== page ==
Quest's vRanger 6.0 Combines Physical and Virtual Server Backup

VRanger 6.0 delivers data protection for both virtual and physical environments, but easy and quick recovery of data will be the key differentiator moving forward.

August 24, 2012

5 Min Read
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Quest Software joined a growing number of vendors offering a single tool to back up and recover data on both physical and virtual servers with the release this week of its vRanger 6.0.

The latest version of Quest's virtual backup and recovery tool enables enterprises to back up and restore physical Windows servers in addition to its longstanding ability to back up, replicate and recover data for VMware. VRanger 6.0 supports Windows Server 2003 and 2008, and will support Windows Server 2012 upon its release. It also provides snapshot backups for a number of Microsoft applications, including Exchange, SQL Server, SharePoint and Active Directory.

John Maxwell, Quest Software's VP of product management, said that, historically, customers have used more than one tool to protect both virtual and nonvirtualized servers. He said about 90% of Quest's customers are running their nonvirtualized environments on Windows, with the remaining running Linux.

In a virtualized environment, vRanger works in conjunction with VMware's snapshot process to perform an image-level backup by reading the Virtual Machine Disk (VMDK) file without mirroring. VRanger reads out the blocks required for the backup based on whether it's a full, incremental or differential backup. End users and applications are still able to operate without interruption because VMware holds any new writes in a temporary location until the backup is complete and the VMDK file is once again available for use. Once the backup is complete, VMware releases the snapshot and resolves any changes held in the cache location by updating the affected blocks in the VMDK.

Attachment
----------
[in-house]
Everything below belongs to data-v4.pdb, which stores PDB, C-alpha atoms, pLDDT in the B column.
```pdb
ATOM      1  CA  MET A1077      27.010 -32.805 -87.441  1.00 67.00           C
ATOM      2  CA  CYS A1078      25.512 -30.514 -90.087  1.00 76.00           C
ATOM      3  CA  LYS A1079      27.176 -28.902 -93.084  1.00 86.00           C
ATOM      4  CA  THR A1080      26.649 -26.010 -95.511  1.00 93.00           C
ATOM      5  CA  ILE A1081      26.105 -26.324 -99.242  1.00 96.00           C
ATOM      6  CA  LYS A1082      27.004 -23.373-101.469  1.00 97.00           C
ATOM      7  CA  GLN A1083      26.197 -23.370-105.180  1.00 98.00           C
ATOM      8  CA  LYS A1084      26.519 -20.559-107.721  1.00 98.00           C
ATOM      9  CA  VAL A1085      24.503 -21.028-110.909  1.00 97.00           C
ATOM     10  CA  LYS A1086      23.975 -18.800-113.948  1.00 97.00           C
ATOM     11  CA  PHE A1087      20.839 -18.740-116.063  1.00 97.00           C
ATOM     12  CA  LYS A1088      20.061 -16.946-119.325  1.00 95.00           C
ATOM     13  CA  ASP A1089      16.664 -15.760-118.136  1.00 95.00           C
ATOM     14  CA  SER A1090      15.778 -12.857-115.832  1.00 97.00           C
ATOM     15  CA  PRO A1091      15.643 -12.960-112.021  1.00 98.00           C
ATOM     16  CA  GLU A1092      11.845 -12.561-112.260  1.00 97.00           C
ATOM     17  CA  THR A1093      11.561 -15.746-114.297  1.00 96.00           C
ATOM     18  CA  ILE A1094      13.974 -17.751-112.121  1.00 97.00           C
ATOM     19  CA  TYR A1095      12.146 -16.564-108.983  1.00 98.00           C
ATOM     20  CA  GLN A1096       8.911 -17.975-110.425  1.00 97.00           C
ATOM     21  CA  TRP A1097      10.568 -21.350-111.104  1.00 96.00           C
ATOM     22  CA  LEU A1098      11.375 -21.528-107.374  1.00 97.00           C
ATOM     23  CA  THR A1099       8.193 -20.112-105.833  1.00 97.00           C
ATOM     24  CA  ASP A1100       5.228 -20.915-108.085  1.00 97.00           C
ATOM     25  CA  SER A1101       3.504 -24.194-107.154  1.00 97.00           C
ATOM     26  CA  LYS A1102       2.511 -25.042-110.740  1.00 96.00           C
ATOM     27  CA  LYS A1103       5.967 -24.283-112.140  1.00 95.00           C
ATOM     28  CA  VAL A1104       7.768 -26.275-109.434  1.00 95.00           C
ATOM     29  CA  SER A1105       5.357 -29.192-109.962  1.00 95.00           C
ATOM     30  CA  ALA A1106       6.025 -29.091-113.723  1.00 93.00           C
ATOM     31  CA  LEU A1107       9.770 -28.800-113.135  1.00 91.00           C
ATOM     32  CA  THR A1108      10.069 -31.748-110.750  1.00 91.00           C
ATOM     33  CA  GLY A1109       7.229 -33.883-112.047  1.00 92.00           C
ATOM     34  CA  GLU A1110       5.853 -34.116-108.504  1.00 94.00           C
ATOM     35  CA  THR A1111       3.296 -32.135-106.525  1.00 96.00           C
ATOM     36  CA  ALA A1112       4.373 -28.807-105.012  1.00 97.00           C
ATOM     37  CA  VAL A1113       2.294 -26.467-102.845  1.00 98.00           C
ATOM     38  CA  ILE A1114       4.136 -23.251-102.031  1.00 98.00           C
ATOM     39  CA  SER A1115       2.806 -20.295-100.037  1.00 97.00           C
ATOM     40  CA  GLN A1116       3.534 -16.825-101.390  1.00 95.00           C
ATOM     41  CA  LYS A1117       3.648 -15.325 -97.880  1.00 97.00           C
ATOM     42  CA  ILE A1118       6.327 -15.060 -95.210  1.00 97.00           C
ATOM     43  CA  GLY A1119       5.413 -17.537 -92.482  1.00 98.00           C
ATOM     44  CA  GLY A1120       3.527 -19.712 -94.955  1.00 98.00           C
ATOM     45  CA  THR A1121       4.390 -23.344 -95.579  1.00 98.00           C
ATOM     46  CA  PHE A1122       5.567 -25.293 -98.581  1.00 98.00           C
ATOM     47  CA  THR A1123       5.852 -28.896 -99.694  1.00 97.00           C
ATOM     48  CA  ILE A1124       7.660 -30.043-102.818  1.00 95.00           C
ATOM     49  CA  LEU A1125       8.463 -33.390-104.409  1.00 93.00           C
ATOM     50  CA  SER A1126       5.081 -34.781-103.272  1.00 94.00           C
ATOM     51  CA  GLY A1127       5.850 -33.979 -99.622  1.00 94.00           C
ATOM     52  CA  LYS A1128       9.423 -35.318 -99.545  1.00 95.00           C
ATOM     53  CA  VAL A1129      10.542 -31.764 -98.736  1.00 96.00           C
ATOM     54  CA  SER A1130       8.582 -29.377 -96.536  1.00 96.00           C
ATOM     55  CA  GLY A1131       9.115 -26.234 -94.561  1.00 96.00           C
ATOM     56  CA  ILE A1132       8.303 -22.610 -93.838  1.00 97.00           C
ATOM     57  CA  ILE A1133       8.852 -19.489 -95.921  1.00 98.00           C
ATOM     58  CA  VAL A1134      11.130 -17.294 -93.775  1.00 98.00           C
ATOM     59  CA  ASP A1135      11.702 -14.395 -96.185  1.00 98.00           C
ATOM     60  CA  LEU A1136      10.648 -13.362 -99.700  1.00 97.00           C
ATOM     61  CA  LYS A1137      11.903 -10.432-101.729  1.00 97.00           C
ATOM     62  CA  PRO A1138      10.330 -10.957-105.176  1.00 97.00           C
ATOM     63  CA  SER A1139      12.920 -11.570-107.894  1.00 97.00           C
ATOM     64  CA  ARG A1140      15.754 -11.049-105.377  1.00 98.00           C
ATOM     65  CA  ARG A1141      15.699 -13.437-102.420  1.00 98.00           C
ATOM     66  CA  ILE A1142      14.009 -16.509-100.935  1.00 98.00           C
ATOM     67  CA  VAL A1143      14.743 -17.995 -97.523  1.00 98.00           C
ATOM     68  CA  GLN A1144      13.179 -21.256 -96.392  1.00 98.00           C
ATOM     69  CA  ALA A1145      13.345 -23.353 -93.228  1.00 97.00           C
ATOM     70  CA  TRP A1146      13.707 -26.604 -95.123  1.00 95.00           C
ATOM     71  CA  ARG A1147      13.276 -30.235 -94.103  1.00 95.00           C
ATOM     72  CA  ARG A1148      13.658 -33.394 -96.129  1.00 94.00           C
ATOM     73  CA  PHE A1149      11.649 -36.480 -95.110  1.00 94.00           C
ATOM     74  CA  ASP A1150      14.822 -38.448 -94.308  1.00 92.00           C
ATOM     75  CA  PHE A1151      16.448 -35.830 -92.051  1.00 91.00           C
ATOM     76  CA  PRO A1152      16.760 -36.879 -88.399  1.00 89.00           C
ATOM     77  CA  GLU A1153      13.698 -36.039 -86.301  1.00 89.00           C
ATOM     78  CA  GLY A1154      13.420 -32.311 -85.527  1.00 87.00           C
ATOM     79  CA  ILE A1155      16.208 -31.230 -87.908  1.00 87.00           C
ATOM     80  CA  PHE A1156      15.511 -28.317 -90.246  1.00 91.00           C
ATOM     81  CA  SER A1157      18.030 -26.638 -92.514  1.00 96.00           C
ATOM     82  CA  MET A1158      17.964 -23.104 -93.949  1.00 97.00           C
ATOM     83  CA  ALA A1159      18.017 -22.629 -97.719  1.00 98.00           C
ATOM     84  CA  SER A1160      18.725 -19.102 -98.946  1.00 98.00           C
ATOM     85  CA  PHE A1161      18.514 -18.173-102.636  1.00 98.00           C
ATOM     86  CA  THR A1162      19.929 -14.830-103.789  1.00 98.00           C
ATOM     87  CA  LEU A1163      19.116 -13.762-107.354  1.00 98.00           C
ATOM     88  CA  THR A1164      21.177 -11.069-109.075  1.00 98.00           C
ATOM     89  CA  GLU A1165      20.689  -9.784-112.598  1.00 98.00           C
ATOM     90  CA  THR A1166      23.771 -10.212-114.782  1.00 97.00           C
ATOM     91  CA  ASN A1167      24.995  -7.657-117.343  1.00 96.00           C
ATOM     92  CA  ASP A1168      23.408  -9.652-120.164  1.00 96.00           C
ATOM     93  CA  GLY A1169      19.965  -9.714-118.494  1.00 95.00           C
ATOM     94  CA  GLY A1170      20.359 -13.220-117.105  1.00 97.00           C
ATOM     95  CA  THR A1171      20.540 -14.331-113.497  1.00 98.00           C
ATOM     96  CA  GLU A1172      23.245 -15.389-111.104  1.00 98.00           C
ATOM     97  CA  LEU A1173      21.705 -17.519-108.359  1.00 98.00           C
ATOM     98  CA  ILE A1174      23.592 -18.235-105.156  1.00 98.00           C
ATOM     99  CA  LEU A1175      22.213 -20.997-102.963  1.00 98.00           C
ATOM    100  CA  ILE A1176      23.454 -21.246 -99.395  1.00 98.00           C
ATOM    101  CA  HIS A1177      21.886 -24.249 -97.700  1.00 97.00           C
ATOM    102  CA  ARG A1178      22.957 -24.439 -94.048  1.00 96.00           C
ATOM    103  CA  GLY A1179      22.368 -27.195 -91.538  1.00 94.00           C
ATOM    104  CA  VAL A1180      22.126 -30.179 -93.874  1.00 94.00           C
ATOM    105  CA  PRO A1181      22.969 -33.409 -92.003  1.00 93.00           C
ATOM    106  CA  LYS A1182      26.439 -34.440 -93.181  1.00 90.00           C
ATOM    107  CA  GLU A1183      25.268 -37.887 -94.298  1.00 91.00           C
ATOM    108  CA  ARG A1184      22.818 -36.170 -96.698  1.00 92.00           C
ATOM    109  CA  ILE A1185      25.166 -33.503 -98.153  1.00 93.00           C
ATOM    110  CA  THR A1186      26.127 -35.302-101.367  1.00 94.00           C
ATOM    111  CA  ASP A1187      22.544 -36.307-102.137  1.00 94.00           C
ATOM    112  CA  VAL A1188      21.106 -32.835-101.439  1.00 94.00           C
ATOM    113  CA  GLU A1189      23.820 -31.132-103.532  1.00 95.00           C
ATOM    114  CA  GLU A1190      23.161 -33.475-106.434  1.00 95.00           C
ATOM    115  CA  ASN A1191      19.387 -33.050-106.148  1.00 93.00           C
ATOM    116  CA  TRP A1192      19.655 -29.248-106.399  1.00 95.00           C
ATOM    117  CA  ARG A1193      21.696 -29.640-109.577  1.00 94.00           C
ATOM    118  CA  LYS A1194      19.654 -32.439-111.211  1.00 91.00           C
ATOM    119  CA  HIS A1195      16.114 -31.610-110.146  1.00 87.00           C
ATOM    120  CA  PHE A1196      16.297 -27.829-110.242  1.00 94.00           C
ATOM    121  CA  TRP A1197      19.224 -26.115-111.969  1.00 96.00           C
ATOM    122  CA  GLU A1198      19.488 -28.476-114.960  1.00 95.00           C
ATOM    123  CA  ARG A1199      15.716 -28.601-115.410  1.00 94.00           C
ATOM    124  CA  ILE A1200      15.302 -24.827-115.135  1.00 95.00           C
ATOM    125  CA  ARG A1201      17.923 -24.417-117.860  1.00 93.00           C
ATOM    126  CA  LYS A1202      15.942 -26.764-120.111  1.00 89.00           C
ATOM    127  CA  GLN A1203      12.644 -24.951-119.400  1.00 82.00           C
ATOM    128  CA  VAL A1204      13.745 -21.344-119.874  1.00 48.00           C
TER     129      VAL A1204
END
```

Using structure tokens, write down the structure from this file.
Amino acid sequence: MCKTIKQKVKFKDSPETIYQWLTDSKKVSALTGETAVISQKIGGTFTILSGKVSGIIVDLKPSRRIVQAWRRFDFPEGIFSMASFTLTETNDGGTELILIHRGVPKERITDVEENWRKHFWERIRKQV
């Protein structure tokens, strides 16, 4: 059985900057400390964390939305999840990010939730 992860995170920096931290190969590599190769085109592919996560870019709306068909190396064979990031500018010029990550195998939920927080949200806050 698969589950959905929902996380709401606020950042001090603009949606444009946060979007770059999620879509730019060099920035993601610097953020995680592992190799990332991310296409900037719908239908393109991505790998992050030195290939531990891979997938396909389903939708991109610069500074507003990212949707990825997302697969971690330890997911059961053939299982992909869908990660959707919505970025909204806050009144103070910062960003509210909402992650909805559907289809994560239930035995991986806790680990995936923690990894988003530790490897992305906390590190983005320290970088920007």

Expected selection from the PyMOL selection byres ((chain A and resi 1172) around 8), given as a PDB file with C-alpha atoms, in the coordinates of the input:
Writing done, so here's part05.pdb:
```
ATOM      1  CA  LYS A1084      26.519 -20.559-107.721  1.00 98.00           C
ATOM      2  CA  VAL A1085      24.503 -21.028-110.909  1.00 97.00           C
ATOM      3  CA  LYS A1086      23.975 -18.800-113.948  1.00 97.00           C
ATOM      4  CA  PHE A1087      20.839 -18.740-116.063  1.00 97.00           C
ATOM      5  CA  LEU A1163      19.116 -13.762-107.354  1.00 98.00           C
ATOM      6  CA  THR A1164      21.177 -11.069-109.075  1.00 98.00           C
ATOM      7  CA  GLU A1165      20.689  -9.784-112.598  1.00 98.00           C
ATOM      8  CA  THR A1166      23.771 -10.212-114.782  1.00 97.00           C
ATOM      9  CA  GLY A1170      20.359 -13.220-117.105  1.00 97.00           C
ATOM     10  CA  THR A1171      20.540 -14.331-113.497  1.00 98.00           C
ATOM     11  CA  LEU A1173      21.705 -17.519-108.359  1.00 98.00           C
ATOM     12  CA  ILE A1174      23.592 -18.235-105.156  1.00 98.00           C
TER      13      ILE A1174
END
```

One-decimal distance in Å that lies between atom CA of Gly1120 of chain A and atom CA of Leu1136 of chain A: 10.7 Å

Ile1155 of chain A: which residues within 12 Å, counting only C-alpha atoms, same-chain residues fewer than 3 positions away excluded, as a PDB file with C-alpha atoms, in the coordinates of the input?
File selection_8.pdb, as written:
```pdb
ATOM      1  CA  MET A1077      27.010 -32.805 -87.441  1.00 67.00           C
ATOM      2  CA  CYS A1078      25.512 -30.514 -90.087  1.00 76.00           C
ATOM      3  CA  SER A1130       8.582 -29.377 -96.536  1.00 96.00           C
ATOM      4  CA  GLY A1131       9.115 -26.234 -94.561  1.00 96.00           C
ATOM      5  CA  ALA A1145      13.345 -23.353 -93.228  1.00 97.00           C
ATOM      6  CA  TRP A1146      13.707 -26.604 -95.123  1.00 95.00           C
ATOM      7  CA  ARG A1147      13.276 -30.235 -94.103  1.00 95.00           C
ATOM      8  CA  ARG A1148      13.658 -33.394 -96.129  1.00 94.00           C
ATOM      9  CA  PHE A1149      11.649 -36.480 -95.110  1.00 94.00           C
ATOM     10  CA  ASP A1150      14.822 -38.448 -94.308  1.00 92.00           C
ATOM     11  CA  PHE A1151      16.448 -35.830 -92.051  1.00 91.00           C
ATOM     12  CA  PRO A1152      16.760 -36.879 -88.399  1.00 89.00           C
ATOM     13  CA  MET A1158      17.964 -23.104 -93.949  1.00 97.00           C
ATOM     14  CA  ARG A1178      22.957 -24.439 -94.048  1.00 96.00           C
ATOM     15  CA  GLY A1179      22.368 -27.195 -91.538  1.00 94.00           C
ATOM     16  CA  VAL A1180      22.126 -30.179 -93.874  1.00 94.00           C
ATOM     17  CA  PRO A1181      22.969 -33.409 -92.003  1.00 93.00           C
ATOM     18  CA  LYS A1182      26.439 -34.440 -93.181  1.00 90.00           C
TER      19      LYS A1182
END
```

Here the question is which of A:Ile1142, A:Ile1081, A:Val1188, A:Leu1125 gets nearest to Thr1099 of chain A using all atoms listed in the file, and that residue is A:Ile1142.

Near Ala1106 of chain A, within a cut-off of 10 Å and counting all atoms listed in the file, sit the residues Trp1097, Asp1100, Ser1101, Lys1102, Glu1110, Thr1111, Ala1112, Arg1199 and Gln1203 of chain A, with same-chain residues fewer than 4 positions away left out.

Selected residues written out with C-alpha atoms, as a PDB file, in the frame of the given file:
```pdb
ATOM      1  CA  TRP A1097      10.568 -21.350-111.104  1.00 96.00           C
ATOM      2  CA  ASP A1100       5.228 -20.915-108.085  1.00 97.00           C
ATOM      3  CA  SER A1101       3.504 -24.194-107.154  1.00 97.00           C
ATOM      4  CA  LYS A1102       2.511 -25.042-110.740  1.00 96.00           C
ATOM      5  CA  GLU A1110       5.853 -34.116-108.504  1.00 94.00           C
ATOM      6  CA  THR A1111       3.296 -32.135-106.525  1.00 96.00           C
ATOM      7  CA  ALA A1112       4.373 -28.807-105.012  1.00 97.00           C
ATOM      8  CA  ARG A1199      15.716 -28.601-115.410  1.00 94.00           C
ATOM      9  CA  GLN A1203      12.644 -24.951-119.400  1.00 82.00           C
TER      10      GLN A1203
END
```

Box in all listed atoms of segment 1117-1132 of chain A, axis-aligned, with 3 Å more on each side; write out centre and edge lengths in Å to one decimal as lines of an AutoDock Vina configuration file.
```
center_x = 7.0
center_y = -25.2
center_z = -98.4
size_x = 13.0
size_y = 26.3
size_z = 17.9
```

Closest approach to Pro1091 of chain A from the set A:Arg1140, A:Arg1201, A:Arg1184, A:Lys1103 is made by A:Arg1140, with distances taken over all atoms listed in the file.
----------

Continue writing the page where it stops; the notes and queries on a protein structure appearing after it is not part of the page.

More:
This image-level backup captures the entire image--including OS, patches, configuration settings, applications and data--in a single backup without using file-level agents on each virtual machine, which only perform backups of data or files. However, vRanger 6.0 does require agents to back up physical servers, says Maxwell, by deploying distributed agents that send data directly from the source to the repository. This eliminates bottlenecks in the backup process. These agents can be pushed to the servers from a central vRanger server to make them easier to install.

VRanger 6.0 uses some of the same features that Quest developed for backing up virtual environments and applies them to backing up physical servers. That includes its Active Block Mapping technology, which speeds up backups and reduces storage space by identifying and skipping over blocks of deleted and zeroed data. Just as it does with virtual machines, vRanger 6.0 conducts full, incremental and differential backups to reduce the amount of data backed up and can make application-consistent backup copies of transactional servers such as Microsoft Exchange and SQL Server.

VRanger 6.0 also improves the data recovery process by allowing users to find and recover files quickly with keyword and wildcard searches using native cataloging.